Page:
SEC Spotlight On Private Equity Fund Managers - Compliance, Examination And Enforcement Issues

 
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The SEC's Office of Compliance Inspections and Examinations (OCIE) and the Asset Management Unit of the SEC's Division of Enforcement (AMU) have recently spoken about the focus of both Divisions on private equity fund managers. This article summarizes:

OCIE's examination priorities for the 2013 National Exam Program as they impact private equity, and OCIE's recent Risk Alert on Adviser Custody and Safety of Client Assets; Remarks at The SEC Speaks in 2013 conference concerning issues identified in recent compliance examinations of private equity managers; and The remarks of Bruce Karpati, co-chief of the AMU, made at the Jan. 23, 2013 Private Equity International Conference, including a brief discussion of recent enforcement cases. 2013 National Examination Program Priorities

On Feb. 21, 2013, immediately before The SEC Speaks conference, OCIE published its 2013 examination priorities for its National Examination Program. Among other things, the examination program is designed to detect and prevent fraud, monitor fund governance and enterprise risk management, and identify conflict of interest situations. With respect to registered investment advisers, the focus areas for 2013 will be:

Safety of Client Assets - Ensuring compliance with the custody rule, set forth in Rule 206(4)-2 of the Investment Advisers Act (Advisers Act), continues to be a high priority for the SEC. In addition to listing safety of client assets as an examination priority, on March 4, 2013, OCIE published a Risk Alert and Investor Bulletin detailing widespread non-compliance by advisers with various elements of the rule. During examinations, the staff found the following significant deficiencies:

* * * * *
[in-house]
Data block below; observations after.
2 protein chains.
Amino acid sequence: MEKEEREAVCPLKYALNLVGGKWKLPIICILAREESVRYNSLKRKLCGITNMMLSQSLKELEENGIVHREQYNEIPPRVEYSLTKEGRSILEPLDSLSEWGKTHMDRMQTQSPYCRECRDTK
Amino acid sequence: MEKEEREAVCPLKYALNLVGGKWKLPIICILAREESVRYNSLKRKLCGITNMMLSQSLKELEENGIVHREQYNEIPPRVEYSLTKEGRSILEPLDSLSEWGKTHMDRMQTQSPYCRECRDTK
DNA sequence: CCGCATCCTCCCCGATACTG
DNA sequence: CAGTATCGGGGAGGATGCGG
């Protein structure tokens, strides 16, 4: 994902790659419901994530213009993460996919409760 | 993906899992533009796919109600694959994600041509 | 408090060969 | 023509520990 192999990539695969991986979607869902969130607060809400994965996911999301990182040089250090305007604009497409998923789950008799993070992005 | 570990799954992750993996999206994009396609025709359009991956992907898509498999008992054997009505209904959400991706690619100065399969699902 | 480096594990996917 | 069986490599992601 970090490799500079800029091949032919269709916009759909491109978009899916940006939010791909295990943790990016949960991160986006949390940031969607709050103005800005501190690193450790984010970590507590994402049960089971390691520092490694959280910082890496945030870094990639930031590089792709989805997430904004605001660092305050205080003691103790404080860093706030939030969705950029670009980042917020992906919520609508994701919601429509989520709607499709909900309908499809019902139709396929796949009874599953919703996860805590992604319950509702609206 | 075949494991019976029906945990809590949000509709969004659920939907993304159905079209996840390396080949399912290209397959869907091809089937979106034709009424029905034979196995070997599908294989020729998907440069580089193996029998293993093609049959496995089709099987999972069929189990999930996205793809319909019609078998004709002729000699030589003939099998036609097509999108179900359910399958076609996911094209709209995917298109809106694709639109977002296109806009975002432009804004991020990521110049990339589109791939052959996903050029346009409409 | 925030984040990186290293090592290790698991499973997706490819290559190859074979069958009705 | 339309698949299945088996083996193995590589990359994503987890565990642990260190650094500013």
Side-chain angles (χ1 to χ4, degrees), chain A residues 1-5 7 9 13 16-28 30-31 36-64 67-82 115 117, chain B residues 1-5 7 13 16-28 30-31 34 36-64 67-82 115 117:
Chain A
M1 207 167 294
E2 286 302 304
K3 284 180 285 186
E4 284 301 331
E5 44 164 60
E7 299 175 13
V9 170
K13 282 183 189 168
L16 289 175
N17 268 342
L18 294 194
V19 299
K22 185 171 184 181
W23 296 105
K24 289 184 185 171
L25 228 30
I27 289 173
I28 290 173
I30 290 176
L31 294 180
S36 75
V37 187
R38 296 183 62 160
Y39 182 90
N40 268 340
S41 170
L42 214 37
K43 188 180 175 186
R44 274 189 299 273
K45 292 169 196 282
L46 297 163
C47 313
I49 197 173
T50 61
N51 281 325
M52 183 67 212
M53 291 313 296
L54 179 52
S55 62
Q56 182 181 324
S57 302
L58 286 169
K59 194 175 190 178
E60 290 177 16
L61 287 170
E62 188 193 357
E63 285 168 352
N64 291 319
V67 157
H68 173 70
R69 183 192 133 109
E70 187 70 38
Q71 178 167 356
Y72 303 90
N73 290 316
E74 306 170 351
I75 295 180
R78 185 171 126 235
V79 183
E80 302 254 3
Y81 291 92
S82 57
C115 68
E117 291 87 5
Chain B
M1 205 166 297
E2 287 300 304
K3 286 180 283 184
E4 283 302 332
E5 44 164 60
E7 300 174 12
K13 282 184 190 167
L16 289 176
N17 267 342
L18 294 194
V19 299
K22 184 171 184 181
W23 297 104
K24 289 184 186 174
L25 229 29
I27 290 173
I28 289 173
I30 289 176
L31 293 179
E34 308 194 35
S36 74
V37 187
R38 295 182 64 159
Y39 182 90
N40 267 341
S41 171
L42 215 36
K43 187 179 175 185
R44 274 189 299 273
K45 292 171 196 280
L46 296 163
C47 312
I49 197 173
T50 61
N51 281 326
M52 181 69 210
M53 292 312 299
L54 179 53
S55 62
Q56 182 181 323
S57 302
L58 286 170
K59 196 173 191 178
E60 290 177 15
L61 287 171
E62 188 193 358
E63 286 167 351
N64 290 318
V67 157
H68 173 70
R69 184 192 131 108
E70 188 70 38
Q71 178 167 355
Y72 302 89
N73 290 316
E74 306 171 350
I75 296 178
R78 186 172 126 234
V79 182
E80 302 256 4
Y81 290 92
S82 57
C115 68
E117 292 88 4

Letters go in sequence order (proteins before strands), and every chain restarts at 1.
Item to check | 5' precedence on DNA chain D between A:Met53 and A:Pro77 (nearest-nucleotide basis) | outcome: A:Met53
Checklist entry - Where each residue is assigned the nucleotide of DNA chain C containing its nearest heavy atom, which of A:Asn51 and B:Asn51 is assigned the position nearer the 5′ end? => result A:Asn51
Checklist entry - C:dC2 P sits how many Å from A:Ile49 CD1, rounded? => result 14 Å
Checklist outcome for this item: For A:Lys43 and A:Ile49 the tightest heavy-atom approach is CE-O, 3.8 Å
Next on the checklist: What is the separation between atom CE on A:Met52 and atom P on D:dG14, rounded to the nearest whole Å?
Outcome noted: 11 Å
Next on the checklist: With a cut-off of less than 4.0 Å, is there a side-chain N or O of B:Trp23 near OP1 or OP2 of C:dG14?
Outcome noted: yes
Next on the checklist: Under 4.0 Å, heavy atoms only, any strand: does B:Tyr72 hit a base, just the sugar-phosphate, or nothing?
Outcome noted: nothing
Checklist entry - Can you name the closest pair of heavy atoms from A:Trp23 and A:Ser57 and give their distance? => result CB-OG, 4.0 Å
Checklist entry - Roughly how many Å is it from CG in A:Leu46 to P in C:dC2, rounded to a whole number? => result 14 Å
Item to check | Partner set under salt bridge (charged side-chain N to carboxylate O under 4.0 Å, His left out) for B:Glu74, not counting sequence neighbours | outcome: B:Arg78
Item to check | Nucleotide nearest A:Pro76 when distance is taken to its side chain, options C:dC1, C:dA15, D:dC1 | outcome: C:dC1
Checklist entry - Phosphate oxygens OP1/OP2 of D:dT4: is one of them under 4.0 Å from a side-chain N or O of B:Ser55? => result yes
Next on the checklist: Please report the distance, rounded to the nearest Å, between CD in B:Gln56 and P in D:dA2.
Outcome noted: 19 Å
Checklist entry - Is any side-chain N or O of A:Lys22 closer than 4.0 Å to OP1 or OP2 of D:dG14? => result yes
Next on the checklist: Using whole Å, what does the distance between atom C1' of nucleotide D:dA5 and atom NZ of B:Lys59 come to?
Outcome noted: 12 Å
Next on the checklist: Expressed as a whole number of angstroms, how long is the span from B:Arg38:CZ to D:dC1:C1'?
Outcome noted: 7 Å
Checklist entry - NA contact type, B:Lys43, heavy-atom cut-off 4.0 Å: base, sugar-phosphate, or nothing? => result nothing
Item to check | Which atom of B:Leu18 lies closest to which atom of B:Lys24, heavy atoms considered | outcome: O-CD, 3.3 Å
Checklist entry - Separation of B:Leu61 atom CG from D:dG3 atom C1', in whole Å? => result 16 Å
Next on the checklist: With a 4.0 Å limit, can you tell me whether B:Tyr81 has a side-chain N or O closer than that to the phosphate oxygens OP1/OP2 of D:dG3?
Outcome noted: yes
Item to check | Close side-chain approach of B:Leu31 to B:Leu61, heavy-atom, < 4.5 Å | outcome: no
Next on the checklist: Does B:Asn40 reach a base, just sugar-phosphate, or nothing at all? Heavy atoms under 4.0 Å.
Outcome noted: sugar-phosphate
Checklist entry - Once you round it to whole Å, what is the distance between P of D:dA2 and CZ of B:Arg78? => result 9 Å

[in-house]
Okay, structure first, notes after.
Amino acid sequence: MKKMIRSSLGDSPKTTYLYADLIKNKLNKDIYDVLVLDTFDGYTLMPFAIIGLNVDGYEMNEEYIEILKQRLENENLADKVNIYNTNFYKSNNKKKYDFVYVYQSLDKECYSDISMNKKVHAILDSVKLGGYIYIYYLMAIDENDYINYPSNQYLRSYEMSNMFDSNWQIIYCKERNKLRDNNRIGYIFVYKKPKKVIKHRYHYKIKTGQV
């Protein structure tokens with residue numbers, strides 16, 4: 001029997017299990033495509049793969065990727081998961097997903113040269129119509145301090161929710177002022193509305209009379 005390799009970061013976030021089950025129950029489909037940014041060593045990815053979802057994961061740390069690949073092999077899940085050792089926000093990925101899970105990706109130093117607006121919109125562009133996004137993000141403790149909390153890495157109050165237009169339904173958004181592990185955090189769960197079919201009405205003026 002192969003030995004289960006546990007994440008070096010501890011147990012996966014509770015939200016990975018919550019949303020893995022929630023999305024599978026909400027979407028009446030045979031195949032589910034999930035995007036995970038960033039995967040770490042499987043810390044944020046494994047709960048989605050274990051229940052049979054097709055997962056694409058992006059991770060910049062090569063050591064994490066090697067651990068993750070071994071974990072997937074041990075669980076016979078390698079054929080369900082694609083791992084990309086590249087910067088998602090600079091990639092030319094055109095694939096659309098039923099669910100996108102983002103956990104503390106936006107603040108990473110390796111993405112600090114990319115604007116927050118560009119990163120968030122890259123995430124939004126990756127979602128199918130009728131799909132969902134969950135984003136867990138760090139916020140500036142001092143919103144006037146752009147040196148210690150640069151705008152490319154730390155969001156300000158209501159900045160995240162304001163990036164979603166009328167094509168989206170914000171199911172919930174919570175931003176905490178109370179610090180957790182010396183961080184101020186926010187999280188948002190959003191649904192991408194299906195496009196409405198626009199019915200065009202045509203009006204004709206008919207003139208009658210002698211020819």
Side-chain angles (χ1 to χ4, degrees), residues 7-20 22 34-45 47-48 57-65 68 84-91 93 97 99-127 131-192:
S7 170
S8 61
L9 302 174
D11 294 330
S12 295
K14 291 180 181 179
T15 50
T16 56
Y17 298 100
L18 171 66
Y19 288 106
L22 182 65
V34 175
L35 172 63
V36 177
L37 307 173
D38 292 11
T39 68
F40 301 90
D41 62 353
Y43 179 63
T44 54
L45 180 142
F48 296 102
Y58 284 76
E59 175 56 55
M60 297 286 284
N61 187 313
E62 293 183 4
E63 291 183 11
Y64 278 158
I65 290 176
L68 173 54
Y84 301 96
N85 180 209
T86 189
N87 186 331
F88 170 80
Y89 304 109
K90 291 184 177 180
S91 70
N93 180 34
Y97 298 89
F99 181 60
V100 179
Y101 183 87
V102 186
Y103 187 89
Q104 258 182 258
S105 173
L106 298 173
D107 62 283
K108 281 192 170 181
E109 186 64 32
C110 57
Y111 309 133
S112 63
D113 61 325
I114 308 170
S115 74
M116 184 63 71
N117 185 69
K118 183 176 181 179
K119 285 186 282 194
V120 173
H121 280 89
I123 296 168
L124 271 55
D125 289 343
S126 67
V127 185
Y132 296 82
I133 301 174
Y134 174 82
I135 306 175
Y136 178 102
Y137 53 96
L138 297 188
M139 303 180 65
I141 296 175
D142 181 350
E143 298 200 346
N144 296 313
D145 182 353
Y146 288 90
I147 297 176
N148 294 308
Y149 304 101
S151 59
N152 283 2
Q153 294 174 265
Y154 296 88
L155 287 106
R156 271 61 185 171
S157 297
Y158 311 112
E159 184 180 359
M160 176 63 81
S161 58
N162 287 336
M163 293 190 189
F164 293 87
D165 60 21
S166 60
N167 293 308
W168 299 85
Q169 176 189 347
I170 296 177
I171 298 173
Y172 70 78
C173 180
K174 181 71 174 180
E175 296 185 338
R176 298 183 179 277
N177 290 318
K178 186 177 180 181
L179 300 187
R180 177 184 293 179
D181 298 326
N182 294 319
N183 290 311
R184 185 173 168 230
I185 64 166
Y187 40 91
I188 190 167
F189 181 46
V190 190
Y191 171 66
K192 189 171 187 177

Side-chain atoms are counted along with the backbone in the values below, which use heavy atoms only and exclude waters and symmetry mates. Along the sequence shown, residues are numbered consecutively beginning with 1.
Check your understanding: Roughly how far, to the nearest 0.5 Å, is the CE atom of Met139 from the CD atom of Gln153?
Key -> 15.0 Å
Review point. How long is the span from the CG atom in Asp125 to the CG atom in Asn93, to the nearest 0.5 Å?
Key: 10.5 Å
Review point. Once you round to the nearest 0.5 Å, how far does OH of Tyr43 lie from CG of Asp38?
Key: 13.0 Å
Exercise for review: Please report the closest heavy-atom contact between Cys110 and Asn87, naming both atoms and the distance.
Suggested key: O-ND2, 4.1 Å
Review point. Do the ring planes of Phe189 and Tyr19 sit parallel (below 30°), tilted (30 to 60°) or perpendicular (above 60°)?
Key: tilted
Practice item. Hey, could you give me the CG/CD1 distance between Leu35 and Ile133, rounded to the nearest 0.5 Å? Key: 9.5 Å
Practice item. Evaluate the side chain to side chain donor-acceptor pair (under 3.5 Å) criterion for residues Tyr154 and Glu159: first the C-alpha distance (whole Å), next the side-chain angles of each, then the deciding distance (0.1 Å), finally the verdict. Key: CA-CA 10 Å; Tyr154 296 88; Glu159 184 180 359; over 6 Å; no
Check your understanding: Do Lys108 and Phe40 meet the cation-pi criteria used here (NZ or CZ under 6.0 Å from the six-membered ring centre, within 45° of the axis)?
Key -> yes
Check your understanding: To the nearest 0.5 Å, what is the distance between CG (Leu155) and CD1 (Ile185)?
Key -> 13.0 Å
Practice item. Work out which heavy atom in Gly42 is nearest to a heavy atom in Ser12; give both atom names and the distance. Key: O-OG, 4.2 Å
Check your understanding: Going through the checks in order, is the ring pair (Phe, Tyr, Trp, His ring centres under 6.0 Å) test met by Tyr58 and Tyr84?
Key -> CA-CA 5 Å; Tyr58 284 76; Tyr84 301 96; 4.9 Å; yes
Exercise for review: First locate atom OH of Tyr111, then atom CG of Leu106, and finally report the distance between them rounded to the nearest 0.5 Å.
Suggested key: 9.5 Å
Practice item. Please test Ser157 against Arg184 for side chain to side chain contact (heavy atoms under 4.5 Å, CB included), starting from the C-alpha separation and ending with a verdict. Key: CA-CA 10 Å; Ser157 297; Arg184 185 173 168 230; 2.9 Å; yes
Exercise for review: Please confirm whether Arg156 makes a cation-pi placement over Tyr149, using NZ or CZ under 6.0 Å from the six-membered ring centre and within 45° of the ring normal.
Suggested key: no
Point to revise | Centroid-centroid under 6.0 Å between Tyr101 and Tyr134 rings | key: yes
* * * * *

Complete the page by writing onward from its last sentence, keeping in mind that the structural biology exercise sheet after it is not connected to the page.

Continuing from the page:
i.Failure by fund managers to recognize if and how the custody rule applies to their business operations;

ii.Lack of true "surprise" audits by independent auditors (if relying on that provision);

iii.With respect to audits of pooled investment vehicles, the auditor was not "independent" under Regulation S-X , the audited financial statements were not prepared in accordance with GAAP and were not distributed to all fund investors within 120 days of the end of the funds' fiscal year (or 180 days for fund of funds), and a final audit was not performed on liquidated funds; and

iv.Failure to satisfy several rule provisions concerning the use of a "qualified custodian," including commingling of firm and client assets, and the manner in which the custodial accounts were held.

The private equity fund business model sometimes raises tricky custody rule issues.

Compensation - The examination staff will look for undisclosed fees and solicitation arrangements. Particular attention will be given to arrangements with related parties and fees from third parties that are paid or distributed to the fund manager rather than to the fund. Marketing - The examination staff will look for aberrational performance of the type that may be an indicator of fraud or weak internal controls. The staff will also focus on the accuracy of advertised performance, hypothetical or back tested performance, the assumptions and methodology used, and compliance with the recordkeeping requirements. Misallocation of Investment Opportunities - The examination staff will look for situations where investment opportunities may have been steered to investment vehicles where the manager has a higher fee structure. Comments at The SEC Speaks

The SEC Speaks is an annual conference sponsored by the Practicing Law Institute, where SEC staff members discuss various topics of interest to the securities industry. Among the speakers this year were several staff members with responsibility for compliance examinations of private fund managers. These OCIE staff noted that the National Examination Program revealed several issues relating to private fund managers, which not surprisingly were also included in the 2013 examination...

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